This blog is defunct! Check out my new music blog at Sonicrampage.org.
Yesterday my mother sent me a remarkable story from The Guardian. Basically, to sum it up, Olivia Acton, a (white) 13 year-old student at Middleton Technology College, Rochdale, got her hair braided when she was on vacation in the Canary Islands. Unremarkable, so far. Then, she returned to school and was told to go home and not return until she had removed them. The wrinkle in this story is that the school allows two black students to have their hair in...braids. When pressed about this the school's headteacher, Alison Crompton, said, "We don't allow any extreme hairstyles at the school. We are a high-achieving school with high standards. We don't allow any street culture into school. If we didn't allow some leeway for their cultural and ethnic background I think it would probably be discriminatory."
I dunno, maybe it's me, but if I'd imagine that the parents of the black girls don't appreciate their daughters' hairstyles being considered 'extreme' and 'street'. Speaking personally, I am not a fan of white people having cornrows, braids, or dreadlocks, or black people dying their hair blonde, not because I think it is some kind of 'cultural appropriation', but because I think it looks pretty silly. But that's a personal aesthetics call, nothing more. How is it the headteacher's business to be a vigilante patrolling the boundaries of 'culture', to tell people how they should or should not dress or style their hair? There are bigger issues at hand.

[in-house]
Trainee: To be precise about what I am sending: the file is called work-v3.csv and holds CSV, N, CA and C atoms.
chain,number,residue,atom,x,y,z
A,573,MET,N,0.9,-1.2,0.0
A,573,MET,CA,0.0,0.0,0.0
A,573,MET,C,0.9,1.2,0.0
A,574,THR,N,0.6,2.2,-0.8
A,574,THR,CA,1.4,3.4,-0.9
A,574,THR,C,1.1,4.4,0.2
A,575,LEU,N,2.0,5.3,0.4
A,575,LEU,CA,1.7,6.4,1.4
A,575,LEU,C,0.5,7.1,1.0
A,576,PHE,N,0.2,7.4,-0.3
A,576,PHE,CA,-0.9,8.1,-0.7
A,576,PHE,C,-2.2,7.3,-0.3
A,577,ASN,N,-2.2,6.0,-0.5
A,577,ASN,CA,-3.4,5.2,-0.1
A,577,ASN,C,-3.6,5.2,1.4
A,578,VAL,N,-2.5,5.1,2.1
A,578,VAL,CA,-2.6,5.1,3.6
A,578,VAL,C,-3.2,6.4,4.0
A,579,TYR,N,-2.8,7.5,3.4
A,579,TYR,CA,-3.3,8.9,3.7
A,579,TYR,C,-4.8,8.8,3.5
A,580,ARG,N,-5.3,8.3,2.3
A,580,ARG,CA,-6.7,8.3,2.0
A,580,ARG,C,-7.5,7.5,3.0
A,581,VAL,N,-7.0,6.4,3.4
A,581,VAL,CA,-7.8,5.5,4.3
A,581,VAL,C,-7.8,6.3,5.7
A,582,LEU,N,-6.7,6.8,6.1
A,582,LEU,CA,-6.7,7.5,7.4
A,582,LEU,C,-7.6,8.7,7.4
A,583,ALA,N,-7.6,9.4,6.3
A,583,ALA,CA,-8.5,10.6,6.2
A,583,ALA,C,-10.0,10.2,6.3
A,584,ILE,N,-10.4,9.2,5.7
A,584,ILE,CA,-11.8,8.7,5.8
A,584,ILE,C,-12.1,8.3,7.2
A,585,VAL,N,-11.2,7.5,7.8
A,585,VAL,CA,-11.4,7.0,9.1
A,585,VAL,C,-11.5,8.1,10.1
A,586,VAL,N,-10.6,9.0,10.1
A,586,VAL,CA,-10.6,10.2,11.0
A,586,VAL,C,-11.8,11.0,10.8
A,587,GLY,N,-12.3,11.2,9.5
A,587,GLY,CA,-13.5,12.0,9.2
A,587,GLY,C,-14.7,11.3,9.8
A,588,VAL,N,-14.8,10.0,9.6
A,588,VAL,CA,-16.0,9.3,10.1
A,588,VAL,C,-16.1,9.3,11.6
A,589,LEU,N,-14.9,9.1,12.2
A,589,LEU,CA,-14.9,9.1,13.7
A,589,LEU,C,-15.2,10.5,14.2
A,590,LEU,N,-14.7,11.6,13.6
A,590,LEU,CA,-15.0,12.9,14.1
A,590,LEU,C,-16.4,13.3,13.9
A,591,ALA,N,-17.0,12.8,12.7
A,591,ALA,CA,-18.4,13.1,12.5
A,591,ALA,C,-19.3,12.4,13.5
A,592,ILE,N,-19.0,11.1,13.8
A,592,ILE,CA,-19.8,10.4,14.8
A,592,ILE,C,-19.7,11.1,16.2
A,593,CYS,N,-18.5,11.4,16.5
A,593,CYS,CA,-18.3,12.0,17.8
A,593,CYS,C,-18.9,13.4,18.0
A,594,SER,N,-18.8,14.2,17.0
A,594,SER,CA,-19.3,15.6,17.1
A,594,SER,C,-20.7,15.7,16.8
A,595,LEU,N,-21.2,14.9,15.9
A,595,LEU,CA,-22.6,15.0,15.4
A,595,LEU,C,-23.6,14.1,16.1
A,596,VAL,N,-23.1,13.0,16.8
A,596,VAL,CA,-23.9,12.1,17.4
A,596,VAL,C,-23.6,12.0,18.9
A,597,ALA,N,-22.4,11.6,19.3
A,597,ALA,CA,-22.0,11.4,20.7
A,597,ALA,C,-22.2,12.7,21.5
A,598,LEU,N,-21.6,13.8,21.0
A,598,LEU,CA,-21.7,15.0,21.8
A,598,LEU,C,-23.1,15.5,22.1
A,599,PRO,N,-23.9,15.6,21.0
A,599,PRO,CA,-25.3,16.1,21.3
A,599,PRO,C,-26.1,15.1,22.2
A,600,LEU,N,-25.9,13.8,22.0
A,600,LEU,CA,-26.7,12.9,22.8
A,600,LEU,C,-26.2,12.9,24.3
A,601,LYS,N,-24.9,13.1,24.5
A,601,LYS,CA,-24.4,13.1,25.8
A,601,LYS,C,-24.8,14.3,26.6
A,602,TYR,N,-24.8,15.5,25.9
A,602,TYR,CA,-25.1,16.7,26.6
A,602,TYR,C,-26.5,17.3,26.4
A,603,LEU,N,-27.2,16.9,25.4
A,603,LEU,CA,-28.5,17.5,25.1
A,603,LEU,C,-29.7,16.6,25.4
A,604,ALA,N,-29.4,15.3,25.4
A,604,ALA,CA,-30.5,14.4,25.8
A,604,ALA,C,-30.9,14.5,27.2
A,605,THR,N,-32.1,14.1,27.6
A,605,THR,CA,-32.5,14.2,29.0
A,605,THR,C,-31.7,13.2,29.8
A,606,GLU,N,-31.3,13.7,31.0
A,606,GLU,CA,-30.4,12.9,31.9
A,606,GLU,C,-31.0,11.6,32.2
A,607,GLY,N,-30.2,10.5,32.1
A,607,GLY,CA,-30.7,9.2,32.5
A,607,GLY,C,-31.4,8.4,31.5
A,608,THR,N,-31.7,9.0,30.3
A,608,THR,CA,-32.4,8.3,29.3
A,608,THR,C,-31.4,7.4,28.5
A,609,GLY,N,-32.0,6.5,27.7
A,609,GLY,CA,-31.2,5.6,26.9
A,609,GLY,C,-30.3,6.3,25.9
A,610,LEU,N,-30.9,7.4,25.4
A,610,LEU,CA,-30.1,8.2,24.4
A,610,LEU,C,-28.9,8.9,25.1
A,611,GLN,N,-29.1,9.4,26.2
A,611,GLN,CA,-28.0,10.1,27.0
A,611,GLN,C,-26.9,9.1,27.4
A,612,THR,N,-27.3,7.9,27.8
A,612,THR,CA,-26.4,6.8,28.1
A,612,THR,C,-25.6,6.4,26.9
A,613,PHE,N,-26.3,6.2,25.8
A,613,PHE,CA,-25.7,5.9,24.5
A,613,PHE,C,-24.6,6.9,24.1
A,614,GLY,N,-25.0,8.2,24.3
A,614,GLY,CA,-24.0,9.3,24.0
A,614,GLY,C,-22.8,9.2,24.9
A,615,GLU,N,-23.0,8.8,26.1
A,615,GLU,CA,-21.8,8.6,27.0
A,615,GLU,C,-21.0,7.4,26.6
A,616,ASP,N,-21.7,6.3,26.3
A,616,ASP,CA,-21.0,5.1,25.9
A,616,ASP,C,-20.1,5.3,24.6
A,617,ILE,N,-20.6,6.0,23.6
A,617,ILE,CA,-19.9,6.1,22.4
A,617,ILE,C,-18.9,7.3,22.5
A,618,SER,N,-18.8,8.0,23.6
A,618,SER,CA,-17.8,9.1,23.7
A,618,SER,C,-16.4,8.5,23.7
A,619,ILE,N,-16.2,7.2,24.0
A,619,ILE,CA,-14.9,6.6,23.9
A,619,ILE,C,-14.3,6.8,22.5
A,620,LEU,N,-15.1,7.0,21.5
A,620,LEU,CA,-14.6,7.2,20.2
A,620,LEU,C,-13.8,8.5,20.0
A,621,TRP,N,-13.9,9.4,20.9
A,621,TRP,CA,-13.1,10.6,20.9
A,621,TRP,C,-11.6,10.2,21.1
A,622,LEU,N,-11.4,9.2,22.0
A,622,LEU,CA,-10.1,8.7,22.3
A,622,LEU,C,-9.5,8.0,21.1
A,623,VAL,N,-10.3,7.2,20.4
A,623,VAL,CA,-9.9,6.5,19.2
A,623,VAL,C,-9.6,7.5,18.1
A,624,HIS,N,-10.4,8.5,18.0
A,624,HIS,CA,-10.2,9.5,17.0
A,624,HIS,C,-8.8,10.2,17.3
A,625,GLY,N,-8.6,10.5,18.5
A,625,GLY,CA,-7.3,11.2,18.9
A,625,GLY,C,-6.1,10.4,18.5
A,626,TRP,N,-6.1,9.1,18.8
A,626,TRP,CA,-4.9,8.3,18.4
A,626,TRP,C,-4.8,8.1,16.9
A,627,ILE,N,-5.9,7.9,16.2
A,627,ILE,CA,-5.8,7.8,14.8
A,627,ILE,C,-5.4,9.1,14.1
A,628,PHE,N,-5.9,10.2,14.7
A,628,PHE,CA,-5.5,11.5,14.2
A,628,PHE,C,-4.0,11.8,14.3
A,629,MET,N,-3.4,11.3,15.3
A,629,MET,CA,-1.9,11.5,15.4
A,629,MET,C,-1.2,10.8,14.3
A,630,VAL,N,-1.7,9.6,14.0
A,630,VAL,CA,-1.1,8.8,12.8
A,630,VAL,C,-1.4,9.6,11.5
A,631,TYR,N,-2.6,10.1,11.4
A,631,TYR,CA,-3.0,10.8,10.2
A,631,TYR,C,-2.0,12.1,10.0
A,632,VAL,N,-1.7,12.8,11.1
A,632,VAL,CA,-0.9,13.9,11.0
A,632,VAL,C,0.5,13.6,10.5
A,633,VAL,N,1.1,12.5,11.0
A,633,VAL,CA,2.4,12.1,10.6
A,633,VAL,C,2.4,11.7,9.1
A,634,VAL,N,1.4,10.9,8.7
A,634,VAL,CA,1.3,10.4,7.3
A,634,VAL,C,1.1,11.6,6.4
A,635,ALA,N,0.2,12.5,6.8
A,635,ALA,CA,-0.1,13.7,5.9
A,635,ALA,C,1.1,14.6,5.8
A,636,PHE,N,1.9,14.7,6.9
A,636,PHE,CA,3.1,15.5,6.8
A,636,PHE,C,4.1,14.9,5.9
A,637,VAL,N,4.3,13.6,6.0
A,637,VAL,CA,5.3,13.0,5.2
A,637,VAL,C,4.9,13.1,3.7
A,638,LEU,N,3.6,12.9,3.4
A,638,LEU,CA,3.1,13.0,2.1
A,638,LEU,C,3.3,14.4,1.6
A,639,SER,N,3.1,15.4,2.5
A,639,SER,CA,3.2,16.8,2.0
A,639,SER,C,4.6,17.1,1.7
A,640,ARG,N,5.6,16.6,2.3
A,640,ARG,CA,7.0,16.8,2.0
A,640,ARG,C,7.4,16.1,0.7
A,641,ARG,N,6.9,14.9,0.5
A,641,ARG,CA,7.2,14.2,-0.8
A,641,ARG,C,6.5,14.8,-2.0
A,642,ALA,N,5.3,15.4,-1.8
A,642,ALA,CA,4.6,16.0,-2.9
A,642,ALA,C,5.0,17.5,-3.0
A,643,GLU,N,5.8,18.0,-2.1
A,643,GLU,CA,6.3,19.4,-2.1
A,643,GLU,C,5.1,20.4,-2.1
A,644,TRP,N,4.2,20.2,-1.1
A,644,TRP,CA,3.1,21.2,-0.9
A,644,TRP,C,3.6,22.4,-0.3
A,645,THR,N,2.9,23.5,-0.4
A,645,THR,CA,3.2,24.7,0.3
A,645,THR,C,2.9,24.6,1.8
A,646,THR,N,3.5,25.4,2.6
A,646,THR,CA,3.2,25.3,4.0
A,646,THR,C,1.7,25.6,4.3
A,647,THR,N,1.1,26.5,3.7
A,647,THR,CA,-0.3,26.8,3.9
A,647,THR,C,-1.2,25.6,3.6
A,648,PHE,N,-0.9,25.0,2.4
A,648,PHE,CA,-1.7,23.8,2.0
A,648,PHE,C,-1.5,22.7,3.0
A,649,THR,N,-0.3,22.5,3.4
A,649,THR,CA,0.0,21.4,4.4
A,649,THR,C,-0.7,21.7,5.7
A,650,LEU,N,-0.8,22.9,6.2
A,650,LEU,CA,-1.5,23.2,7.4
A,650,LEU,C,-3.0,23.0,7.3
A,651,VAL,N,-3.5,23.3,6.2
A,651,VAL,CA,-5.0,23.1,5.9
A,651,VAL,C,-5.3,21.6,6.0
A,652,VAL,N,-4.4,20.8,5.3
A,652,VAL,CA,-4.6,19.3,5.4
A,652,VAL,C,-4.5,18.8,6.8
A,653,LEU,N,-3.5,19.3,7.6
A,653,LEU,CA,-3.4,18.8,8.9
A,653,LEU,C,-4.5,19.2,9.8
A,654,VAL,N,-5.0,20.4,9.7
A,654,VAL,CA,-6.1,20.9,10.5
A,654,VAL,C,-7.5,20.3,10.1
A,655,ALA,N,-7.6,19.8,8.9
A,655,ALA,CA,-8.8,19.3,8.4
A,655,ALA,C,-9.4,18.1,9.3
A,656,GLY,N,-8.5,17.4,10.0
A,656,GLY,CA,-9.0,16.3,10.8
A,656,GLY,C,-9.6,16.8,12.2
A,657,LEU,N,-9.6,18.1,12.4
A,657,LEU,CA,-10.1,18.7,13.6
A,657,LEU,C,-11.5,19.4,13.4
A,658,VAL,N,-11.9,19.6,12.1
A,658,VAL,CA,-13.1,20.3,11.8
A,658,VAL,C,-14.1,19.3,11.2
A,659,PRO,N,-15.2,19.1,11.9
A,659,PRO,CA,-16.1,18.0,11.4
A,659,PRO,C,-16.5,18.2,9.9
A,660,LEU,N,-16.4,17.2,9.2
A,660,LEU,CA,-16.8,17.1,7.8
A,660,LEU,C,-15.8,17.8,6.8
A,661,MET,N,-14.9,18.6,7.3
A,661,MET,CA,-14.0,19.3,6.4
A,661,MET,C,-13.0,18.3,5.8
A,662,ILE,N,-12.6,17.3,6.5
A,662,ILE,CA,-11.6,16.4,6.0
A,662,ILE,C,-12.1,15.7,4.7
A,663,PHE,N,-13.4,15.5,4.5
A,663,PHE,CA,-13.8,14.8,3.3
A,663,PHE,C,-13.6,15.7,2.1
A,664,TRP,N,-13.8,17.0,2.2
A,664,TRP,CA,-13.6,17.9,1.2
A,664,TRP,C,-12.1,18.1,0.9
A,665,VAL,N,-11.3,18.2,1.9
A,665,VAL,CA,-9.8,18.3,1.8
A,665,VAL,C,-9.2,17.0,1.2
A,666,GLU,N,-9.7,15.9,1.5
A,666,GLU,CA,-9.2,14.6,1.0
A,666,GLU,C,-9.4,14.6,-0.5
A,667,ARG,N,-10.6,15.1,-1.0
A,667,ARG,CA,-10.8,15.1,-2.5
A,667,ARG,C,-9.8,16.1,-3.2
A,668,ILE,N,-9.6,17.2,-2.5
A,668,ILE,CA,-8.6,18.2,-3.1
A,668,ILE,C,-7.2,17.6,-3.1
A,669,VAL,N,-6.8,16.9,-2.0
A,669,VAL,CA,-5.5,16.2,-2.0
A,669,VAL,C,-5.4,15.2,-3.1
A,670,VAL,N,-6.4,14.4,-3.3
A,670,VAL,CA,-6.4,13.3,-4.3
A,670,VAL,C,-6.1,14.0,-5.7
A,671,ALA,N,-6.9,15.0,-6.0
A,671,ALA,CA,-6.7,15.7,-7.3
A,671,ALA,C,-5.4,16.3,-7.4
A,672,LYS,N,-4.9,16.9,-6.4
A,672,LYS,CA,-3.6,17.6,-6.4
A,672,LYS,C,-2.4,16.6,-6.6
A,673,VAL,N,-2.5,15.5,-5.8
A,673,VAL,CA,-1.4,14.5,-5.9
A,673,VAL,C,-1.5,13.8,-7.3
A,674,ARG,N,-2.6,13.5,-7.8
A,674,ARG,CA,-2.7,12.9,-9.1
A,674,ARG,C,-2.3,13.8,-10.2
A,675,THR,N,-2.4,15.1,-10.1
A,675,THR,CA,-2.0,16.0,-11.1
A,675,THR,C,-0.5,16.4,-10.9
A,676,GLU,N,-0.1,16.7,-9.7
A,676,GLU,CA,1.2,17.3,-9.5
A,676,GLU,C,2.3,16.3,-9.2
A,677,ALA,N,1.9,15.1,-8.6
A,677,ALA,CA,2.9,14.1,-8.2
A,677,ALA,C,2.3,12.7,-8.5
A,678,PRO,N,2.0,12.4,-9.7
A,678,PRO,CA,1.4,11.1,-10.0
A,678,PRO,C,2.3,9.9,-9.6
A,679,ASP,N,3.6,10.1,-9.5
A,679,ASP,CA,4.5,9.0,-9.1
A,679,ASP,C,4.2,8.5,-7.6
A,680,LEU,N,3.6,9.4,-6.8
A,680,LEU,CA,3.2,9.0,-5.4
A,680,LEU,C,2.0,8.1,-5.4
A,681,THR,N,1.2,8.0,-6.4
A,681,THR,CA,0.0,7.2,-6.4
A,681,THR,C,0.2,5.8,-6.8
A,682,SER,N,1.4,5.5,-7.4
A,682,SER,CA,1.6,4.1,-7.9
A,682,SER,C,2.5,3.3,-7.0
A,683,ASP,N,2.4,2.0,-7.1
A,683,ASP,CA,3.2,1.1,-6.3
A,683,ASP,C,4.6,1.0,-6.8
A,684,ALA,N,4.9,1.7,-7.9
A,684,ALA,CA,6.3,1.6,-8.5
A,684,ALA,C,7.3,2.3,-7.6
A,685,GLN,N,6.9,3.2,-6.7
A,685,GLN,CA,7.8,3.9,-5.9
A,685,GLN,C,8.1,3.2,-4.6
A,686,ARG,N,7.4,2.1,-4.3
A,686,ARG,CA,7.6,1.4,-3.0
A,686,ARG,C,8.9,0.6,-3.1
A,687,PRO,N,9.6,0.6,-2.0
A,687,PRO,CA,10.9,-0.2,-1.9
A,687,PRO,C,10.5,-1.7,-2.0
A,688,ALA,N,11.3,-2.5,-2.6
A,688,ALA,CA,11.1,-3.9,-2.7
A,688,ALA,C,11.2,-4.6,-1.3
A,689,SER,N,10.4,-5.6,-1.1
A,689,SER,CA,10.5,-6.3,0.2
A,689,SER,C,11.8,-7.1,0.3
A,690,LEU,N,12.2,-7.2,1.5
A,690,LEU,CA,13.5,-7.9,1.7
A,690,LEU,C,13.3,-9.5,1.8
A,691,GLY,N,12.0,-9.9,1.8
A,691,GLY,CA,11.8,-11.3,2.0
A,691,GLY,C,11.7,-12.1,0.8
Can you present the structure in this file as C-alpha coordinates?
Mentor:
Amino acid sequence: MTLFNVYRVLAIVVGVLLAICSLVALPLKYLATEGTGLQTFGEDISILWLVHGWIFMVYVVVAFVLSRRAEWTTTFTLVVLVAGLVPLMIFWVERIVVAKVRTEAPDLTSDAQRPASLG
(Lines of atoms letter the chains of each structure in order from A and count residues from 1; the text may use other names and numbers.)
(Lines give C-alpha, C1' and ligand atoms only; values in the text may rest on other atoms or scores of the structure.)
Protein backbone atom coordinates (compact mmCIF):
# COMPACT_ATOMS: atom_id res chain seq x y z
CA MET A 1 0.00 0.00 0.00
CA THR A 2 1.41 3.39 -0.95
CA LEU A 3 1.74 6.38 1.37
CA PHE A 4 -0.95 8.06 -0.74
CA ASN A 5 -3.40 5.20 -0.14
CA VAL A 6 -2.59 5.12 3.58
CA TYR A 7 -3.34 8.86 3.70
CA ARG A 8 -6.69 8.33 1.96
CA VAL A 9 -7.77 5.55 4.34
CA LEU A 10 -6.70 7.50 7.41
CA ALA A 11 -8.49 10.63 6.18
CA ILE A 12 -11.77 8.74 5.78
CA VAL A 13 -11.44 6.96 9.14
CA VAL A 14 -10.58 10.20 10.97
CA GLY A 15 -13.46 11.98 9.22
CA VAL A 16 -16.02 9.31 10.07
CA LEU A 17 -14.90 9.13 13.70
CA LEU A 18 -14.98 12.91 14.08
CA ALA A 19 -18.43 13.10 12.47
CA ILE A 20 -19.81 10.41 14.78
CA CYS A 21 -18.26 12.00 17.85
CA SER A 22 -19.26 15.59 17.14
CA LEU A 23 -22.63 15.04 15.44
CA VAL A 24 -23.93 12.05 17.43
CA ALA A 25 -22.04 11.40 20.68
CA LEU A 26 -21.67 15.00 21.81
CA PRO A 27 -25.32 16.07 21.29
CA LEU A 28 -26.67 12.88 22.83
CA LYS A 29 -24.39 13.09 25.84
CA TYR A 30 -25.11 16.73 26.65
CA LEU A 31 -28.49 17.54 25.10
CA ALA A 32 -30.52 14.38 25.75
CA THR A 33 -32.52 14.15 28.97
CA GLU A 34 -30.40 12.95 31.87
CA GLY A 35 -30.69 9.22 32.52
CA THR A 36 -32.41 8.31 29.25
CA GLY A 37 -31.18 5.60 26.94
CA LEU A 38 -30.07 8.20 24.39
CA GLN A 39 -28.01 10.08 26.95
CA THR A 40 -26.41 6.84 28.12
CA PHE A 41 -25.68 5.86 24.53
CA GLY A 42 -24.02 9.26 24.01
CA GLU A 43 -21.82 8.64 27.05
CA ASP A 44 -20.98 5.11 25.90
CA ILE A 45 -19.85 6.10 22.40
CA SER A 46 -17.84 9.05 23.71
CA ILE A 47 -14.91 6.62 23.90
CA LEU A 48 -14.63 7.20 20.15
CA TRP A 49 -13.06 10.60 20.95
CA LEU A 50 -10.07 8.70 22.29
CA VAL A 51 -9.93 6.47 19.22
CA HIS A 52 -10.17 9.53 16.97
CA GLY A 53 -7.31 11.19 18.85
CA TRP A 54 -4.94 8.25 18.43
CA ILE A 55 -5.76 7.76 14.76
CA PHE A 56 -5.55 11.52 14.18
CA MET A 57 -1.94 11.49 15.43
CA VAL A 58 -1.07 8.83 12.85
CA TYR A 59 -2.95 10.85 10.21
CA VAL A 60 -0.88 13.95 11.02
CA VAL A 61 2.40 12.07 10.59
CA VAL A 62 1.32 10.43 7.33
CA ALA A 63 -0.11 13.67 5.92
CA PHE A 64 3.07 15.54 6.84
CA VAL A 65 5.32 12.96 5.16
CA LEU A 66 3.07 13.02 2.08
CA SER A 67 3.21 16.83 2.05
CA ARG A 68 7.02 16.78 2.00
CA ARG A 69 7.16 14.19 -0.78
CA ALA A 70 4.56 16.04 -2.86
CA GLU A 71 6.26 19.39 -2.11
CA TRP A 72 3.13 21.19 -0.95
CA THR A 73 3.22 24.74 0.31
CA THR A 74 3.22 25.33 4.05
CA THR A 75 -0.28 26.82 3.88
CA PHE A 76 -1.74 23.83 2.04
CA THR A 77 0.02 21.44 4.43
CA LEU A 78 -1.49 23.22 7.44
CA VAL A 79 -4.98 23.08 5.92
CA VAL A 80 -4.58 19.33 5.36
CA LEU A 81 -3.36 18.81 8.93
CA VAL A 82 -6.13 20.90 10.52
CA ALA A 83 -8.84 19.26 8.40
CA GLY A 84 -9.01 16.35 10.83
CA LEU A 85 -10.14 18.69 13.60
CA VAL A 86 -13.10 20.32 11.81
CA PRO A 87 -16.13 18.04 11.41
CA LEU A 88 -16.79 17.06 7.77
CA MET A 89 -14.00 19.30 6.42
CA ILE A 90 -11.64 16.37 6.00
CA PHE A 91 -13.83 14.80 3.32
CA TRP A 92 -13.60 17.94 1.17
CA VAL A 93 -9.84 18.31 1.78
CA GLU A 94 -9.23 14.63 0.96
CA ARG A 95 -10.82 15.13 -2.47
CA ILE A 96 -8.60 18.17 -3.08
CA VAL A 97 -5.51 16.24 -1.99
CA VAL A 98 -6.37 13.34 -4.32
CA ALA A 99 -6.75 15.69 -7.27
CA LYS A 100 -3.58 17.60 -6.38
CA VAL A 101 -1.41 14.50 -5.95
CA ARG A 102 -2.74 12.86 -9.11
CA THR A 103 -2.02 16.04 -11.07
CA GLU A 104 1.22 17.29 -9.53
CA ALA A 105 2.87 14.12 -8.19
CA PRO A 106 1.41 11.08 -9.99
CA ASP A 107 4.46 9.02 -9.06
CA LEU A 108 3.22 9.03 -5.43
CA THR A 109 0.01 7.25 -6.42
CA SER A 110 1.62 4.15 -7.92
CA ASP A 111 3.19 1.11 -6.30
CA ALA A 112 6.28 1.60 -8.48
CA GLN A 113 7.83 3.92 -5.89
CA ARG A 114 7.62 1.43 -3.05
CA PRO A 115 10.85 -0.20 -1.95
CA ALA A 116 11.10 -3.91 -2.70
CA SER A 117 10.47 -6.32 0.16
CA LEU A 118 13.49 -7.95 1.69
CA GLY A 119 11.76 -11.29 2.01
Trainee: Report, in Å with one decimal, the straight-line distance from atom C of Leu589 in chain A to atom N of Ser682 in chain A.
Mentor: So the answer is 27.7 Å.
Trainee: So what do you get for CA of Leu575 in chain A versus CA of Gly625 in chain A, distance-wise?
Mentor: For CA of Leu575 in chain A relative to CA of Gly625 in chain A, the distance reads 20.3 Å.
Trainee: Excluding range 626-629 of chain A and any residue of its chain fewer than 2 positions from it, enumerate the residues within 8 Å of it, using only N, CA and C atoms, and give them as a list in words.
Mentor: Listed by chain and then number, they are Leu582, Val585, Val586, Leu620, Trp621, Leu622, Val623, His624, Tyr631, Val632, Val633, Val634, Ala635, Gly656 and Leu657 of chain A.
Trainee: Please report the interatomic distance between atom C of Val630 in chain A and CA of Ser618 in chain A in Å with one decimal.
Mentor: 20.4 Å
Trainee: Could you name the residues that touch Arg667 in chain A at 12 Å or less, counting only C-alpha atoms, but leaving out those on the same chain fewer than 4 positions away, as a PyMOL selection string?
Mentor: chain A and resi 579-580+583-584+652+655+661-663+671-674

More particularly, this ties back to a point that I made in my December essay on multiculturalism, that ideological multiculturalism, in its desire to 'celebrate diversity' by calcifying difference, is explicitly anti-individual and weirdly coterminous to nationalisms of all forms that insist there is an 'authentic' way to be a member of any group. Perhaps I am hopelessly libertarian, but I don't think it is anyone but the individual's responsibility and choice as to how they approach the world, especially on benign matters like hairstyles, clothes, music choice, reading matter, and so on. Everyone should have the right to approach the world in whatever way they choose, as long as that doesn't impinge on others' freedoms. If that means white suburban teens dressing in baggy clothes and talking like they're from Brownsville, then that's fine, it's their choice. The ideological multiculturalism that says that there are boundaries beyond which the European/European-descendant cannot pass because of fears of 'appropriation' implicitly implies that all members of other groups cannot behave, dress, or think in ways that might be considered, by some arbitrary standard, 'not of their culture'. Which is, of course, a direct attack on personal liberty.
Update, 21/3/2005, 6:43pm: Having posted this, I decided to reactivate this thread on Dissensus. Worth a look.